Please no freewheels.
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Old 03-07-22, 03:48 PM
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I hope you keep the original Swift's concept of using off the shelf bike parts where possible (100/135 hubs for example). Hopefully a normal 1-1/8" external headset, the Swift's 1-1/4" is hard to find now.

More tire clearance would always be nice.

I know I'm in the minority, but I really prefer rim brakes on a folding bike. It's just less to go wrong when folding, simpler, lighter, etc. But I expect it's hard for companies not named "Rivendell" to sell rim brakes in 2022.

And I said in another thread, I would love to see a larger size. I have to use a 130mm stem and a bar with some forward sweep to get comfortable on my Swift. But, I'm 6'3".

I like steel bikes, but the aluminum Swift rides decently and is presumably lighter and cheaper.

And +1 to Schwinnsta's comment about the oddly high bottom bracket of the current Swift. It should come down some.
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Old 03-07-22, 03:52 PM
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One additional criticism of my Swift is the horizontal rear drop out. Running 2" tires meant using Surly Monkey nuts. I know you don't have to have them, but they make life easier. Also, if you'e running fenders, you have to go to extra lengths to assure you are able to pull out your wheel without removing the fenders. You can find workarounds, but are the horizontal dropouts worth it?
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Old 03-07-22, 05:23 PM
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Originally Posted by Schwinnsta View Post
One additional criticism of my Swift is the horizontal rear drop out. Running 2" tires meant using Surly Monkey nuts. I know you don't have to have them, but they make life easier. Also, if you'e running fenders, you have to go to extra lengths to assure you are able to pull out your wheel without removing the fenders. You can find workarounds, but are the horizontal dropouts worth it?

Personally, I'm a huge fan of the Swift. I'm glad to see someone get it back into production.
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Old 03-07-22, 07:09 PM
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pinigis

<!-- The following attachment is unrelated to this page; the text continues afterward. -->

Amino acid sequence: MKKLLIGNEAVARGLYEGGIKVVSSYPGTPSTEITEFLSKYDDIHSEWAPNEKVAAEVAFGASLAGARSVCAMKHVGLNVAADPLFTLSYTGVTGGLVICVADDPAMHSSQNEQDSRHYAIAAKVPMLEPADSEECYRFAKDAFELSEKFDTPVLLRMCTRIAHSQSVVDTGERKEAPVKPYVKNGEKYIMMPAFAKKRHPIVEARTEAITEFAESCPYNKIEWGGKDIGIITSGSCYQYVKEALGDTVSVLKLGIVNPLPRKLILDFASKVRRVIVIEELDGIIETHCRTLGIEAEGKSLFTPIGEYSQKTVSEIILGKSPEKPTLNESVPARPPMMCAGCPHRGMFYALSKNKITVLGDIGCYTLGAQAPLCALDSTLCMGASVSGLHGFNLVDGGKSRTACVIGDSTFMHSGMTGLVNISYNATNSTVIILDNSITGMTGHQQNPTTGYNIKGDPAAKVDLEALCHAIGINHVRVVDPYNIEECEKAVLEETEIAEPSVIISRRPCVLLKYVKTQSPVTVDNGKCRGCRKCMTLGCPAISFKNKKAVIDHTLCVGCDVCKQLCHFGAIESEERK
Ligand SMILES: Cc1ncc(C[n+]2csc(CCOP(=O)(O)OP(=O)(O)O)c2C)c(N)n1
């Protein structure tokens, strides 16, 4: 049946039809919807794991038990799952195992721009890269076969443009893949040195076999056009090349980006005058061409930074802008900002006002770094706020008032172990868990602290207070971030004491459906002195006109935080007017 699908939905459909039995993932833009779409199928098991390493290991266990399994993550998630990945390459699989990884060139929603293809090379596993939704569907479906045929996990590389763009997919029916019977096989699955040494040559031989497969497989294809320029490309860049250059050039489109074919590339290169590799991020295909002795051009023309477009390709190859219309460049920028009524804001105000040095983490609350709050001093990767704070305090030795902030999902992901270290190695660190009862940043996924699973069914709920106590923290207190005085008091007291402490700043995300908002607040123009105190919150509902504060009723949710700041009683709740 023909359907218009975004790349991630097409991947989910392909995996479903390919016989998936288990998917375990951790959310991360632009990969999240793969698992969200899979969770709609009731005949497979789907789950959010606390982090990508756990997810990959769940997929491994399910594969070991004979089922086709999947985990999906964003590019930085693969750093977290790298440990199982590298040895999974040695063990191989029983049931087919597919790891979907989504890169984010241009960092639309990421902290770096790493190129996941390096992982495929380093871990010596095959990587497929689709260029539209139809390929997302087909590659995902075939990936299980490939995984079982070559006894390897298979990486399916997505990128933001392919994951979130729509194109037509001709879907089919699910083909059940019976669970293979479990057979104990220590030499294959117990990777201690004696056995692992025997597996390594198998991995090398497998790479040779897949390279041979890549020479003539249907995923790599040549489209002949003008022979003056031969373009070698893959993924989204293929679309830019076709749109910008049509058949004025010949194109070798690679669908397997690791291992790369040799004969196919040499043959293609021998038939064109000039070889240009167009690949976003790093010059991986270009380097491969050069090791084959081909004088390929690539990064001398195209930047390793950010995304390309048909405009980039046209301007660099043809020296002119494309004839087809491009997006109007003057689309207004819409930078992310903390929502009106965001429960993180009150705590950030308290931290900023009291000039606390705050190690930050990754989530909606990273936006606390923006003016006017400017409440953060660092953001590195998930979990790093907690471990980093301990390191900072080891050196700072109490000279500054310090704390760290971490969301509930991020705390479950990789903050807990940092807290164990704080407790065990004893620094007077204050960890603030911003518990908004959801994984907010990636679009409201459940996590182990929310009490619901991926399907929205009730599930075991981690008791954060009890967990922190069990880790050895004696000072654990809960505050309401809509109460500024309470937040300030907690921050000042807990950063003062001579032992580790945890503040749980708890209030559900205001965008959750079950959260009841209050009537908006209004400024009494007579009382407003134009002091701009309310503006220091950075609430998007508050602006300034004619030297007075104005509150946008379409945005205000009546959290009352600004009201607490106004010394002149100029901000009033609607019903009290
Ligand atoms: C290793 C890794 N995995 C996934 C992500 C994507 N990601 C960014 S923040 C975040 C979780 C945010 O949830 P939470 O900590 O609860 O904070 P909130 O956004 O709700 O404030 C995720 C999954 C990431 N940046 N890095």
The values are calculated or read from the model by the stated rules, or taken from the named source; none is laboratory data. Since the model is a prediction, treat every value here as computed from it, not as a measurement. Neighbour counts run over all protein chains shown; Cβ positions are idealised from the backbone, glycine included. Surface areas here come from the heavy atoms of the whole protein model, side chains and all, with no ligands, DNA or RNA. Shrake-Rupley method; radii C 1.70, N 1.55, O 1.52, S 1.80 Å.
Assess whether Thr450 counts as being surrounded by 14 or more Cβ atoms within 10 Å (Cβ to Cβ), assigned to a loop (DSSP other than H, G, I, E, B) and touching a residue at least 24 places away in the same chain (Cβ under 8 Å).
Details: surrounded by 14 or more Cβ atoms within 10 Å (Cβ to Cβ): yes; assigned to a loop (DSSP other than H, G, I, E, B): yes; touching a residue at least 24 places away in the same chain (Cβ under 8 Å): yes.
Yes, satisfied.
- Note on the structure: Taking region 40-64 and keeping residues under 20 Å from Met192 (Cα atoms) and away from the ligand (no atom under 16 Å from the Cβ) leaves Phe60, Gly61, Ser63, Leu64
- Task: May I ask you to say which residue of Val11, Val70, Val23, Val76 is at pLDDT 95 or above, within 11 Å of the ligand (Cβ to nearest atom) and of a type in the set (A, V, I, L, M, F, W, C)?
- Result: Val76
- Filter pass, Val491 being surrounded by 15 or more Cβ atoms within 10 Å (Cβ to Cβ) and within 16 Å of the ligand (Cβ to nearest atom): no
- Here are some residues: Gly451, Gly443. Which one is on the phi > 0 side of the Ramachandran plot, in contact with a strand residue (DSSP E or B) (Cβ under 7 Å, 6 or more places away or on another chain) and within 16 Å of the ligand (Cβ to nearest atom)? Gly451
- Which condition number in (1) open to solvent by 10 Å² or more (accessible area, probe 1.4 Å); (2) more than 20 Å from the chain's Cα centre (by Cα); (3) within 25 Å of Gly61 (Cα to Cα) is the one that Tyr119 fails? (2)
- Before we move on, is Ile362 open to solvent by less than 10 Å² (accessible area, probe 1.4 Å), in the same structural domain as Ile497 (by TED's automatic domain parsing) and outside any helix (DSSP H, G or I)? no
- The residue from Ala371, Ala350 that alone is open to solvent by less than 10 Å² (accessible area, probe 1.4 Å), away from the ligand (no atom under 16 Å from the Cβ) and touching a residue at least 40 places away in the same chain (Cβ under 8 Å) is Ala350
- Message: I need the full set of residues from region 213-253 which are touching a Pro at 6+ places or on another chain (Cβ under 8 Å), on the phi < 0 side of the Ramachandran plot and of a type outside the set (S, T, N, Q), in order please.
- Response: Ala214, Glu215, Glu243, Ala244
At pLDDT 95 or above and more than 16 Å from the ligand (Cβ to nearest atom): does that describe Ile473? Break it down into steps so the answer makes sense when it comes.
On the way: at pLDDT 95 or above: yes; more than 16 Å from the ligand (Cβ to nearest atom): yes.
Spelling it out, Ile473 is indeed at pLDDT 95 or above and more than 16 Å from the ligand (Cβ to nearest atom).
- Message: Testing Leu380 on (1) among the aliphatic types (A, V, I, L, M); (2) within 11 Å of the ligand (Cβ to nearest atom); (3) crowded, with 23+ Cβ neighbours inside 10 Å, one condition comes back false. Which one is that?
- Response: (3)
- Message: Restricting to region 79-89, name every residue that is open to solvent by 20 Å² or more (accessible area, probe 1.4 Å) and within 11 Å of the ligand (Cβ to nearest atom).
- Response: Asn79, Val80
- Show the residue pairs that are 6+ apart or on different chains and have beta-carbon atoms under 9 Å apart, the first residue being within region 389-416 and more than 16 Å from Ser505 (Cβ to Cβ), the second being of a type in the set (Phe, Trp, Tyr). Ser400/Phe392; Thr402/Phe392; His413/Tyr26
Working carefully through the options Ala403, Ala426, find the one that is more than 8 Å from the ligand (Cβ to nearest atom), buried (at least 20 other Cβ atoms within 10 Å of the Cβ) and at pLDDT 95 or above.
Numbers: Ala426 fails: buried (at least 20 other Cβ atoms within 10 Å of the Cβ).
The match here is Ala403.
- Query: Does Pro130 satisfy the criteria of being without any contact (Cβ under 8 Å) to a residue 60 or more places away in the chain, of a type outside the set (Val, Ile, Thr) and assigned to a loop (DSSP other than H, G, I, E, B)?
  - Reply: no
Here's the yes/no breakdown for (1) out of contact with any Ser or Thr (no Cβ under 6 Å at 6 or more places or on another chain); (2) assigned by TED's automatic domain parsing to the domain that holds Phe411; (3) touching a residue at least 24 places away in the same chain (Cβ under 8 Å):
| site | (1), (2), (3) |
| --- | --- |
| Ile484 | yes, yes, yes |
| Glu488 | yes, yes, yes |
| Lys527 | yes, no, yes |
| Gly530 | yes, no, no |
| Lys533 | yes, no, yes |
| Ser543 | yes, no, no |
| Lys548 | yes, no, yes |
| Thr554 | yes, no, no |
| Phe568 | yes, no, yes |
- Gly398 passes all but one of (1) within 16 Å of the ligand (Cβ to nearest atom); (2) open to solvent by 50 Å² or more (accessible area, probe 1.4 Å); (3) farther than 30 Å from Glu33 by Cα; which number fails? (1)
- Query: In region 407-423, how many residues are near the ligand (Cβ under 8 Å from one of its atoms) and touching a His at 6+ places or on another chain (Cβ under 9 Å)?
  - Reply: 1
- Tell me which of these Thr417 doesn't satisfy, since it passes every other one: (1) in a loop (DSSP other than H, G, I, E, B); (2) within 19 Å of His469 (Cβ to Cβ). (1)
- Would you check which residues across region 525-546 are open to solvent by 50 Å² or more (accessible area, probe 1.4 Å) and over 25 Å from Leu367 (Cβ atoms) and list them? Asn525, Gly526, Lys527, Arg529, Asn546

question is for pinigis. are there shipping charges on the bikes you sell? thanks, jdogg
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Old 03-07-22, 08:30 PM
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looking forward to seeing a picture......
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Old 03-08-22, 04:12 AM
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On top of an IGH, would it be possible to design in a splittable frame for belt drive? There was an iteration of the Swift design that incorporated such a feature. Can't link to the page since I just joined the forum, but a quick search on Google for "Jurien's titanium folding small wheeler" should return it as the top hit. Alternatively, it's also discussed under the Titanium Swift thread in this forum.

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Old 03-08-22, 07:49 AM
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Originally Posted by Schwinnsta View Post
One additional criticism of my Swift is the horizontal rear drop out. Running 2" tires meant using Surly Monkey nuts. I know you don't have to have them, but they make life easier. Also, if you'e running fenders, you have to go to extra lengths to assure you are able to pull out your wheel without removing the fenders. You can find workarounds, but are the horizontal dropouts worth it?
I agree that vertical dropouts make more sense, unless you have an IGH.
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Old 03-08-22, 07:51 AM
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Originally Posted by jdogg111 View Post
question is for pinigis. are there shipping charges on the bikes you sell? thanks, jdogg
We charge a flat rate of $39 per order (regardless of the number of bikes) for any location in the contiguous 48 states. We calculate specific rates for Alaska, Hawaii, Canada, PR, and APO addresses.
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Old 03-08-22, 07:52 AM
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Originally Posted by speedyg0nz View Post
On top of an IGH, would it be possible to design in a splittable frame for belt drive? There was an iteration of the Swift design that incorporated such a feature. Can't link to the page since I just joined the forum, but a quick search on Google for "Jurien's titanium folding small wheeler" should return it as the top hit. Alternatively, it's also discussed under the Titanium Swift thread in this forum.